Amazing first strike video

Sensei Canna offers insight into the real world of self defense!

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Postby MikeK » Tue Dec 14, 2004 8:53 pm

JimHawkins wrote:
MikeK wrote:Jim, Your uses sound similar to what I've been shown.


Including using Nukite as a clear?


I was referring to your uses against the throat and armpit. It's been at least a decade since I took WC so could you define it's use as a clear more? I'll see about the other two once I understand what your first question means. :D
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Postby MikeK » Wed Dec 15, 2004 12:38 am

I think I understand now Jim. I would say that is a big yes. One thing about karate is that a strike will often deflect a strike or clear on it's way in. I have some pictures of Nakayama doing what I think is similar to what you're talking about but my scanner is on the blink. I think there might be another version in the kata Kanshu. There is a move where the hands are layered one on the other both in nukite and you wedge in and attack the suprasternal notch. I've used that move as a counter to a two handed frontal chokes. I'll let the my big Uechi cousins tell me if I'm full of bean or not.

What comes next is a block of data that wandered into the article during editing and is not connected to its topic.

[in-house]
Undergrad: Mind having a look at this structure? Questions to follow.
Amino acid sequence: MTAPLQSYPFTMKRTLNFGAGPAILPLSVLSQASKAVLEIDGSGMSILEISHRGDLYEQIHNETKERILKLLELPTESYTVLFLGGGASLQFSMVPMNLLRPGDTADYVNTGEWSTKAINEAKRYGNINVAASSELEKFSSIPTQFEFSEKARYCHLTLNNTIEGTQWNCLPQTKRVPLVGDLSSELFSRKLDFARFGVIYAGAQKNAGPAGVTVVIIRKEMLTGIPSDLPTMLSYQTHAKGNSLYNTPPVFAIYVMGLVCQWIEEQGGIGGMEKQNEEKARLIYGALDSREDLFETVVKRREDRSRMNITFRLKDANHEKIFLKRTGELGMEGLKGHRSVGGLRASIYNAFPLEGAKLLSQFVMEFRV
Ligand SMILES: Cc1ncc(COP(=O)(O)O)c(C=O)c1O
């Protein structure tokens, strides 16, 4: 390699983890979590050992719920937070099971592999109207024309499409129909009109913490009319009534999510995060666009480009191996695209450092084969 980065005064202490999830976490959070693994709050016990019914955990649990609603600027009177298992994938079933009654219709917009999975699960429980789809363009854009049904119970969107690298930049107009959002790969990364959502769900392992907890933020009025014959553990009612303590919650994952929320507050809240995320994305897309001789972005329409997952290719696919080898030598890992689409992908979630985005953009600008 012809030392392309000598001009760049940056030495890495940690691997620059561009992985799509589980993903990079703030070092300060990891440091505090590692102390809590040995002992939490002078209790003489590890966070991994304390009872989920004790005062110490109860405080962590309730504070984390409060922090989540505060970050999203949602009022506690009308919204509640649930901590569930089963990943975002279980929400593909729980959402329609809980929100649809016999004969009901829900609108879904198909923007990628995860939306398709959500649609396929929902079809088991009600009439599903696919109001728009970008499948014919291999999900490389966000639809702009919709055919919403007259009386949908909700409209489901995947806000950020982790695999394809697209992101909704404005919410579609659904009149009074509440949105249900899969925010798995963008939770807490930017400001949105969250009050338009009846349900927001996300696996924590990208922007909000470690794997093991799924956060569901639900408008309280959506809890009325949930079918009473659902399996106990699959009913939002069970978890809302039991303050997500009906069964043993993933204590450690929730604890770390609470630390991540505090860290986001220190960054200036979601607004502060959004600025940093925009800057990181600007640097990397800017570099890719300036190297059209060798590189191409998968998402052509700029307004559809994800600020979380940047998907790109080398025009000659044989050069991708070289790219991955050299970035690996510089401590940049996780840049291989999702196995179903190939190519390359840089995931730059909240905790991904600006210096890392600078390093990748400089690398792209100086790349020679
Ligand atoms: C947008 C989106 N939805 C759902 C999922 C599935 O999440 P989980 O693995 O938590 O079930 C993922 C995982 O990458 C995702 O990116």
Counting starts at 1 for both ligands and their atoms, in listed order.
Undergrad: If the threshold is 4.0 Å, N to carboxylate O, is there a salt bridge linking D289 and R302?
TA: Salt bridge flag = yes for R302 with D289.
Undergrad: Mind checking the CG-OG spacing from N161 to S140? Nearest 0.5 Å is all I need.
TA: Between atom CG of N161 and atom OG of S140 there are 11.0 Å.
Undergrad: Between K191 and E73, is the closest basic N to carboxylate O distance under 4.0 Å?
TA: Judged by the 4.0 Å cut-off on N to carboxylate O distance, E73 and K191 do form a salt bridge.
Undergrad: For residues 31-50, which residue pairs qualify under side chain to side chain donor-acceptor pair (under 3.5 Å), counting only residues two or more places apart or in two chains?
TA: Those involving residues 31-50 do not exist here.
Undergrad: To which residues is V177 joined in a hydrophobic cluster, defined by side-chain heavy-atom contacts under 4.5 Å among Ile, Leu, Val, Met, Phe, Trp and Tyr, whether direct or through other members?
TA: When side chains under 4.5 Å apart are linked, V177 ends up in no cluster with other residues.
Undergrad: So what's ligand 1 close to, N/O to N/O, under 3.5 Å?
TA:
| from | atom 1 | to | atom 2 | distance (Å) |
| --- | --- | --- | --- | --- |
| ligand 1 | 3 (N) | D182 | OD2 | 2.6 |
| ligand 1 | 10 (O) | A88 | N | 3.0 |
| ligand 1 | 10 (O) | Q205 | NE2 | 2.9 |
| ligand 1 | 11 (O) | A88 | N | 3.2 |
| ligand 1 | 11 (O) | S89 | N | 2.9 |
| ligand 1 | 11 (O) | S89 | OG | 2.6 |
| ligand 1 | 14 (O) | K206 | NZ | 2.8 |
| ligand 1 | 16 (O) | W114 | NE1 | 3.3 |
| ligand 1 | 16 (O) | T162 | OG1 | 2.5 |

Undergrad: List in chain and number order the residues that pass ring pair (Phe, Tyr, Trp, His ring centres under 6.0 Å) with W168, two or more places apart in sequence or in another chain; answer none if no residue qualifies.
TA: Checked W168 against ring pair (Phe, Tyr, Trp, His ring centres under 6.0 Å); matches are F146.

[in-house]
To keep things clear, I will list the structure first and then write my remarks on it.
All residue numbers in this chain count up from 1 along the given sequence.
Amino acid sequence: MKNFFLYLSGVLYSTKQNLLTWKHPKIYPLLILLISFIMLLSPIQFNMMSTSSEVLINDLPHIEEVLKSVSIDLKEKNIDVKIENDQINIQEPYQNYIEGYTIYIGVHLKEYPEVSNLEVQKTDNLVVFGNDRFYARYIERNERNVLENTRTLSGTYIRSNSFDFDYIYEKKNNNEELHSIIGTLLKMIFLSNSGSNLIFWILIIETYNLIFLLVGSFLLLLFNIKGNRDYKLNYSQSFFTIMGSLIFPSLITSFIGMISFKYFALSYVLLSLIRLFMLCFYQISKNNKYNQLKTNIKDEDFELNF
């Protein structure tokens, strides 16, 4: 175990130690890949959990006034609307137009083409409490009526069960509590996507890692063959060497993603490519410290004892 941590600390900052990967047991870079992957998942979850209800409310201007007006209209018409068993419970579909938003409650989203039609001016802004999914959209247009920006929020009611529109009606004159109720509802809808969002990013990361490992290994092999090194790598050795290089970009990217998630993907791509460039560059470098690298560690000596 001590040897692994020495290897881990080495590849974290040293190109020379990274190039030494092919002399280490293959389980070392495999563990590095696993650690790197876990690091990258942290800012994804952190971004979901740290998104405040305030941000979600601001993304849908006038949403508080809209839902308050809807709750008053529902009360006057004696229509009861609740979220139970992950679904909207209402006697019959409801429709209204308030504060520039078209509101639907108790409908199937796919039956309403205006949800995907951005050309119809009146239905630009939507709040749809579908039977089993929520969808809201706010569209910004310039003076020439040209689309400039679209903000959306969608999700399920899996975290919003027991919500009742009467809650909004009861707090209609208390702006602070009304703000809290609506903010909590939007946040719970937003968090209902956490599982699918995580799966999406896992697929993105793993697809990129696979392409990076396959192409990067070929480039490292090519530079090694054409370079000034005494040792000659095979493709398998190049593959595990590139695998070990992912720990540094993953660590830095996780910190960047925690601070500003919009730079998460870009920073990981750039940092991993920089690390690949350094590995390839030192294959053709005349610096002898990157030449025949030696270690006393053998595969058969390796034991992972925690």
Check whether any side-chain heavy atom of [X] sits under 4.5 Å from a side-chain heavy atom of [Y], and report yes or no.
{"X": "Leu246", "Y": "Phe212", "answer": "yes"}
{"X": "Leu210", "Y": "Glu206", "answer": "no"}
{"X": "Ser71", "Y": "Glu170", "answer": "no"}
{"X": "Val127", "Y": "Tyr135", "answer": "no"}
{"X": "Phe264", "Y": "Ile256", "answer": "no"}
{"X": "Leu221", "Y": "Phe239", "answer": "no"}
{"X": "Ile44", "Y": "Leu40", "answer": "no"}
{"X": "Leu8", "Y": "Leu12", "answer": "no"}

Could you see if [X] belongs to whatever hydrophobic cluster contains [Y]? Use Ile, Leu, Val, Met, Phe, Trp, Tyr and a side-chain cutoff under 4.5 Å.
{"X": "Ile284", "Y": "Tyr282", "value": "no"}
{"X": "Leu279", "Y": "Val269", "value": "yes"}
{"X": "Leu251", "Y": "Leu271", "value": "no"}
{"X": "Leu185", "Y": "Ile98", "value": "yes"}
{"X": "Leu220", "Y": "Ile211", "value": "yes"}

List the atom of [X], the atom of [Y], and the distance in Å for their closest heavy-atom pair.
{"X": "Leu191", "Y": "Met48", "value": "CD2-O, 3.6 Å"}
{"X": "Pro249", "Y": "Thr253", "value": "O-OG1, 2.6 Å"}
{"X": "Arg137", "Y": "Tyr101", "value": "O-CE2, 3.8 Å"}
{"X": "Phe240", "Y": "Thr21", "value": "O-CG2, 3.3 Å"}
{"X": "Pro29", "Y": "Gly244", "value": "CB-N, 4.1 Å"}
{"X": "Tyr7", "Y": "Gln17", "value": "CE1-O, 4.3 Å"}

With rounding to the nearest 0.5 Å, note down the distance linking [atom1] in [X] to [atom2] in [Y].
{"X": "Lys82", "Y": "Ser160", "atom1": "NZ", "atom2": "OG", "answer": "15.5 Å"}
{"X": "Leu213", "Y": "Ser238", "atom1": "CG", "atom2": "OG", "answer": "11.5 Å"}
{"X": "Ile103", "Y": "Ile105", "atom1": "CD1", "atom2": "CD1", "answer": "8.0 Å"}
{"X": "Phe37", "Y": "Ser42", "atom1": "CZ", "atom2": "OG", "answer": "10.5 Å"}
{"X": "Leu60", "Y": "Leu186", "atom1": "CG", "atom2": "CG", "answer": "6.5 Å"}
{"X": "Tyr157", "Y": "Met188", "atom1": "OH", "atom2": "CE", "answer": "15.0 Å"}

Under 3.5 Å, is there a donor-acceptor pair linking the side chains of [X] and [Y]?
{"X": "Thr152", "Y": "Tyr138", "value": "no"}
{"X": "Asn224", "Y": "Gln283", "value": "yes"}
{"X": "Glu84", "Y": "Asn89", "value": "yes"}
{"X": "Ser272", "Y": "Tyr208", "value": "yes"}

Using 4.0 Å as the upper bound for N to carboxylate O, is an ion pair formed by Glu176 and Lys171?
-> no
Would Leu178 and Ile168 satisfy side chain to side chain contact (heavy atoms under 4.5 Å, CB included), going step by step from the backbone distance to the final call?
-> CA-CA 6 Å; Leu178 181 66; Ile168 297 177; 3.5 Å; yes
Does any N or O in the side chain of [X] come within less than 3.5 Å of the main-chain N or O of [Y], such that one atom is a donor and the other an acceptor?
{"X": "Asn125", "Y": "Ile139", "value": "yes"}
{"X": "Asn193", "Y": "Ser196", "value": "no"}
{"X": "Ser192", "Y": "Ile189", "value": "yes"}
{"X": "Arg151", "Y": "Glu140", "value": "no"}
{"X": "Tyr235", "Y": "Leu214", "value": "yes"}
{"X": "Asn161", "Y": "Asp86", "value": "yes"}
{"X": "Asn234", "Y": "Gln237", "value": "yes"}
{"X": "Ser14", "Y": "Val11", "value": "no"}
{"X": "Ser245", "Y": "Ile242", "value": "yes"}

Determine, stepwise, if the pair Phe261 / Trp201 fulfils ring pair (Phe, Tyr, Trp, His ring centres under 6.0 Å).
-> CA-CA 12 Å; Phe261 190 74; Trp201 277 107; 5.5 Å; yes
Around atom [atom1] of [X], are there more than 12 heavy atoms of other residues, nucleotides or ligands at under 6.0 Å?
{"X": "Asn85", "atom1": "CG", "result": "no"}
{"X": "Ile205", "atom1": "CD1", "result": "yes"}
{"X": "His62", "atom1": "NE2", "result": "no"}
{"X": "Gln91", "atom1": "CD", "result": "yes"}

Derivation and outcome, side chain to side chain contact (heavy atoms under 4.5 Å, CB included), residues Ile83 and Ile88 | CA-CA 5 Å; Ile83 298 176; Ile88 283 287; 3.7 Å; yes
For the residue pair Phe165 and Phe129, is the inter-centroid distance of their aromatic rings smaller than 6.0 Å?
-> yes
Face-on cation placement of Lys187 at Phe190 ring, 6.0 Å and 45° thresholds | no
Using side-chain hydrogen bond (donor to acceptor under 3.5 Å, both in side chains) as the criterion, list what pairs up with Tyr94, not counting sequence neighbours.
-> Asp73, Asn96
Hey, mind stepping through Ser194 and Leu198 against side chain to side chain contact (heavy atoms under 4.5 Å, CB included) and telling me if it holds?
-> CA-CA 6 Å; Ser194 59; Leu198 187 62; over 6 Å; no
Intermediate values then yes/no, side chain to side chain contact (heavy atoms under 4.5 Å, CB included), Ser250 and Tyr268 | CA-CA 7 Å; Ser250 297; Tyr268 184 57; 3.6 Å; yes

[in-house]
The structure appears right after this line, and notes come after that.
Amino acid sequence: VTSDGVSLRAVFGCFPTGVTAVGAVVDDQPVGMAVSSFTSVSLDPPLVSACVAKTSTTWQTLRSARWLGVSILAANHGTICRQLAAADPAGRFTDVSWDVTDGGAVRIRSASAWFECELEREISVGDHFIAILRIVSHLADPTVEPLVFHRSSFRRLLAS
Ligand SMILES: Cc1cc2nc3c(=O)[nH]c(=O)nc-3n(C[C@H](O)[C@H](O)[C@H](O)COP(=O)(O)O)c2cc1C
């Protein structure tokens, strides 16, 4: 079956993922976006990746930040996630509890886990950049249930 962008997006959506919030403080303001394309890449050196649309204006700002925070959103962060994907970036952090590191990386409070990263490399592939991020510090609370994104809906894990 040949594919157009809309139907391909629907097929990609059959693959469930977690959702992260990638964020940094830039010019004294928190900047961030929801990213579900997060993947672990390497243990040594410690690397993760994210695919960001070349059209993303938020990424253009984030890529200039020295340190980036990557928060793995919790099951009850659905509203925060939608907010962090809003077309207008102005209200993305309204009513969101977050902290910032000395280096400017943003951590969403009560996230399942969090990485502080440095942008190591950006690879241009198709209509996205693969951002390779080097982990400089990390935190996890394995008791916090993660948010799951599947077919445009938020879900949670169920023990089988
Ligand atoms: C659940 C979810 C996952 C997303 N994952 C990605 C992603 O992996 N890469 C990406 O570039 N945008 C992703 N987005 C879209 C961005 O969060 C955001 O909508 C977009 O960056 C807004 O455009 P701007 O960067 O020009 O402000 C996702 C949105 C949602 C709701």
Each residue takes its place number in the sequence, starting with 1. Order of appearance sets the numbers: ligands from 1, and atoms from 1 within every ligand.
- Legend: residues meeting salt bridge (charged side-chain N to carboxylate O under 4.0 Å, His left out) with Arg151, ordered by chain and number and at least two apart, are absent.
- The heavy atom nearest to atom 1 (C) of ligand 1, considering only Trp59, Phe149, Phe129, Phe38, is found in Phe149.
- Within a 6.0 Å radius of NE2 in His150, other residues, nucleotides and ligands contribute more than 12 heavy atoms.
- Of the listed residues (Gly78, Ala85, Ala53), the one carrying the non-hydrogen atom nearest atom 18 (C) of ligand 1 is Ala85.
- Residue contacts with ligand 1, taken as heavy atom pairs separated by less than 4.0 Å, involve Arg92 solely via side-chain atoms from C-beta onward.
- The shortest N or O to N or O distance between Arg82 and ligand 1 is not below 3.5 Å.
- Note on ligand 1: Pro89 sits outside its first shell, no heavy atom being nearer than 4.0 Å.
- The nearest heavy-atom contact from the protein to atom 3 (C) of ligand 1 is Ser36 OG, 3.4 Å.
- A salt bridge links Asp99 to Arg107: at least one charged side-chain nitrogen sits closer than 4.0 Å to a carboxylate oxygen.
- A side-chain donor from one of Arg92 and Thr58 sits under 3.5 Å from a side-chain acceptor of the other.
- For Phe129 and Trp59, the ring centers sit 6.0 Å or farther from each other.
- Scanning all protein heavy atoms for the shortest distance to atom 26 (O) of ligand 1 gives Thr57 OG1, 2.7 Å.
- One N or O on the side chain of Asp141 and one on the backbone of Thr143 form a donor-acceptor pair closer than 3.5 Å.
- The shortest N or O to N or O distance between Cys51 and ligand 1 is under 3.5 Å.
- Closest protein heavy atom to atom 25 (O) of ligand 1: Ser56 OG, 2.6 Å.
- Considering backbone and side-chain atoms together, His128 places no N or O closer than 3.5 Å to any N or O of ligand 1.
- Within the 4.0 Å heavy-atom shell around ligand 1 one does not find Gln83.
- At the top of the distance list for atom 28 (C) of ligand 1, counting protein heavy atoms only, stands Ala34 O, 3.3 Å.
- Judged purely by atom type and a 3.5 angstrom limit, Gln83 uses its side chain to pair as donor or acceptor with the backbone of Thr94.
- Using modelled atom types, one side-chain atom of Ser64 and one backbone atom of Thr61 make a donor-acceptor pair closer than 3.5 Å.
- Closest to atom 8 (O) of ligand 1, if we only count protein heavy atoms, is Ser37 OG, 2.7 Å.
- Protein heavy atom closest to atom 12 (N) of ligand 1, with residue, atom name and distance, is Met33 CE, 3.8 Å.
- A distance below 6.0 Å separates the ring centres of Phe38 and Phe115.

Now someone can call me on this but the karate I've taken, I don't know about Uechi yet, has never emphasized taking the centerline. It's always been if that's what's open great, if not break them some other way. I think with karate it's more about finding advantage and something to break from what's presented. I prefer taking the back myself.

Do you seek to stick? Meaning stay in contact?
Don't know about seeking to stay in contact, but yes since that's the way to get to my goal. One of my sensei has just this week started teaching me finishing moves and the only way to really finish someone is in close contact.

Wish I could get to class tonight to double check some things, but family matters first. :)
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Postby Bill Glasheen » Wed Dec 15, 2004 6:13 pm

Jim

There are several Uechi applications that involve "sticking" in a big way after using the nukite.

A classic example is in seisan. If BG reaches for you, he exposes the arm pits. Thrust straight forewards into armpits, and you may get the nerve bundle that goes down the arm. At the least, you trigger a reflex which causes arms to retract. Then one transitions from nukite to the "yin" application of a shoken - the tiger claw grabbing and tearing. The shokens grab skin under the arm, edge of the pectoralis muscles, underarm hair, etc. Whatever floats their boat - literally. This reflex resonse causes the person to raise up on tip-toes. One can then lift, move, and manipulate the BG. It's great for using BG as shield in multiple opponent combat.